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Now I'm confused

popettepopette Posts: 2,089
Hi

Just a bit of background: been cycling since April, built up over the months to a century a few weekends ago. I cycle about 3/4 times per week - about 70 - 90 miles usually. I don't race, I want to enter sportive/challenge/charity events and build up to etape in 2009.

I've been reading lots of books about cycling training and I've created a training plan based on the Cycling Training Bible by Joe Friel. In october I'll be taking a break from cycling and then doing long easyish runs out until early next year, when the intensity will build up to doing intervals etc. I've read a few threads on here which are making me question whether this is the right thing to do. Every book I've read on the subject seems to suggest a similar approach - moving from generic training to more specific as you get closer to when you want to peak for an event. Is this wrong and if it is an outdated approach then what the alternative?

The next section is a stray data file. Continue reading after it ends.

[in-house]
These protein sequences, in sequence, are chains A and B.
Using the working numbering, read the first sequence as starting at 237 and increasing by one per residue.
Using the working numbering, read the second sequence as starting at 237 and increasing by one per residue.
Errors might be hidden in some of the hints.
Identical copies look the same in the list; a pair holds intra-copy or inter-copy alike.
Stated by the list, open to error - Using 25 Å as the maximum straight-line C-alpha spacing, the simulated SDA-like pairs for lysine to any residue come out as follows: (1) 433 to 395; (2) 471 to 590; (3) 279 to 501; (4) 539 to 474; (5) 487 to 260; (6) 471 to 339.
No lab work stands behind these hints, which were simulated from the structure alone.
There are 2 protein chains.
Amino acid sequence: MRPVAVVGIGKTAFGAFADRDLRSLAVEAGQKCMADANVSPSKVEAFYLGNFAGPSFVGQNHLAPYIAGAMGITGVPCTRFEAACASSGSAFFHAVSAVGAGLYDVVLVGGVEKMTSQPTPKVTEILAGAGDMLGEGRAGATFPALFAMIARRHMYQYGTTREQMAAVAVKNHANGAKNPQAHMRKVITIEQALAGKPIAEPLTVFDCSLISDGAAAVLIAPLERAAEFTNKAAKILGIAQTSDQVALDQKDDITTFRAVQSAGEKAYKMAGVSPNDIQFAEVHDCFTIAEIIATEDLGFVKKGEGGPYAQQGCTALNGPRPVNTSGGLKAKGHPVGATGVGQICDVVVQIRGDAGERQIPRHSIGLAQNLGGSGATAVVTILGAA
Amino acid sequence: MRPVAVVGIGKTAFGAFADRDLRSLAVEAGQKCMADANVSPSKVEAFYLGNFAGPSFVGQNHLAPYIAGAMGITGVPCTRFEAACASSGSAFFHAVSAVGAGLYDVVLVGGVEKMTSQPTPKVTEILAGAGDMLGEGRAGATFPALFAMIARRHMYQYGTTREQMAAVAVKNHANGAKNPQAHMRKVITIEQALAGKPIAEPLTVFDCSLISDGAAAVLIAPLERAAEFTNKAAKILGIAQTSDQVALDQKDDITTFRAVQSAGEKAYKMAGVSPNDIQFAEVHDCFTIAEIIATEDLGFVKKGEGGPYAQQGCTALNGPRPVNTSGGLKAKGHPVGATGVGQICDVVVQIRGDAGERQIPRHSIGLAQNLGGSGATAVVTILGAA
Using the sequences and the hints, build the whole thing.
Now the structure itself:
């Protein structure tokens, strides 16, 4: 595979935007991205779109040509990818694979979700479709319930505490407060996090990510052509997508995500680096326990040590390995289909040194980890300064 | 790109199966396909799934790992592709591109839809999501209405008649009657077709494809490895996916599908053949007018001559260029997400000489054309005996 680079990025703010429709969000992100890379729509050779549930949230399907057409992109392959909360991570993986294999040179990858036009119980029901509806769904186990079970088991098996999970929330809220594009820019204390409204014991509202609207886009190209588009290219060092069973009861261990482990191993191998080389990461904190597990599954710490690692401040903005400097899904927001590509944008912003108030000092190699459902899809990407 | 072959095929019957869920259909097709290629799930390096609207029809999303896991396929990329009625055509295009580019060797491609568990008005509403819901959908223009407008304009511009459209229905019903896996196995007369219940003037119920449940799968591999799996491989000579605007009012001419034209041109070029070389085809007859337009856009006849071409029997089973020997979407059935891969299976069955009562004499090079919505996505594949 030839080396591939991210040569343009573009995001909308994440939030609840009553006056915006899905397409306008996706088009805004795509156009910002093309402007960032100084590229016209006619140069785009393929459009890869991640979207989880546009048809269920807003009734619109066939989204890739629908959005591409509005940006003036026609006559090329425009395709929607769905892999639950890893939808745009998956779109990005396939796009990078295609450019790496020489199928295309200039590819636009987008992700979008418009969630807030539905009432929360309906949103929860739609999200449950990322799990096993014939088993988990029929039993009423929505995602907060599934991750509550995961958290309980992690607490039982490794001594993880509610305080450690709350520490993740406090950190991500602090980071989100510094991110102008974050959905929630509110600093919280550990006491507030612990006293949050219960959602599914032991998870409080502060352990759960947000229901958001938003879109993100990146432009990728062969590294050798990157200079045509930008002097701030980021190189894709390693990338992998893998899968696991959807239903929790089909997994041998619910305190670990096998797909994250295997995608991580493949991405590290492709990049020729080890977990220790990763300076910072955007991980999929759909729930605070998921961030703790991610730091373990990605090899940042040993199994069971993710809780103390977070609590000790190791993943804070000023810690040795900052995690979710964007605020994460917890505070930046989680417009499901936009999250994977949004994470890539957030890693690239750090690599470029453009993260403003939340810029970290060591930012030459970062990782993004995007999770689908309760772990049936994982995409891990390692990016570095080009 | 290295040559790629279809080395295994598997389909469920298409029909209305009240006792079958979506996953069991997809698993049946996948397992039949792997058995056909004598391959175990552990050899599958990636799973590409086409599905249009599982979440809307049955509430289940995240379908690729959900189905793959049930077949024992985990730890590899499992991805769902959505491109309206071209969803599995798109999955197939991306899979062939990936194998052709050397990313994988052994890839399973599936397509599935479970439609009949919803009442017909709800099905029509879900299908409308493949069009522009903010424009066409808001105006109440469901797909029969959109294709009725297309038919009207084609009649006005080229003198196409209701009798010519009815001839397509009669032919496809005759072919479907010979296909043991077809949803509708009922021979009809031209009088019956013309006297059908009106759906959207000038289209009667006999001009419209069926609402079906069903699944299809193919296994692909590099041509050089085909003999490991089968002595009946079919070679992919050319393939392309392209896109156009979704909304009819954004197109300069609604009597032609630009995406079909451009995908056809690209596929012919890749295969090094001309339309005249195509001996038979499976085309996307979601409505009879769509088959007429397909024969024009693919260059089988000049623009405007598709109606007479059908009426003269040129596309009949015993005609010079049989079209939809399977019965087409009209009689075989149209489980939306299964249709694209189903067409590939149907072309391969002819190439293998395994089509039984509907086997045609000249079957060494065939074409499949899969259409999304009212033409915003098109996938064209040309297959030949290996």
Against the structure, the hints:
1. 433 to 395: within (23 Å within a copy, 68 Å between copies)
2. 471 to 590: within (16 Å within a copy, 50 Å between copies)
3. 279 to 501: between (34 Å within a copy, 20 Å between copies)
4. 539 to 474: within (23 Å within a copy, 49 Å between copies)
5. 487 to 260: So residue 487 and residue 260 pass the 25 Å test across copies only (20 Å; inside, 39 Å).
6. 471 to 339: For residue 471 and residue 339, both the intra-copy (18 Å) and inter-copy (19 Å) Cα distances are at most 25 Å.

I can't afford a power meter. I do have a HRM but usually don't wear it and go on how I feel.

I thought I'd got a great plan together and now I'm starting to wonder.

Thanks in advance :)
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  • ash68ash68 Posts: 320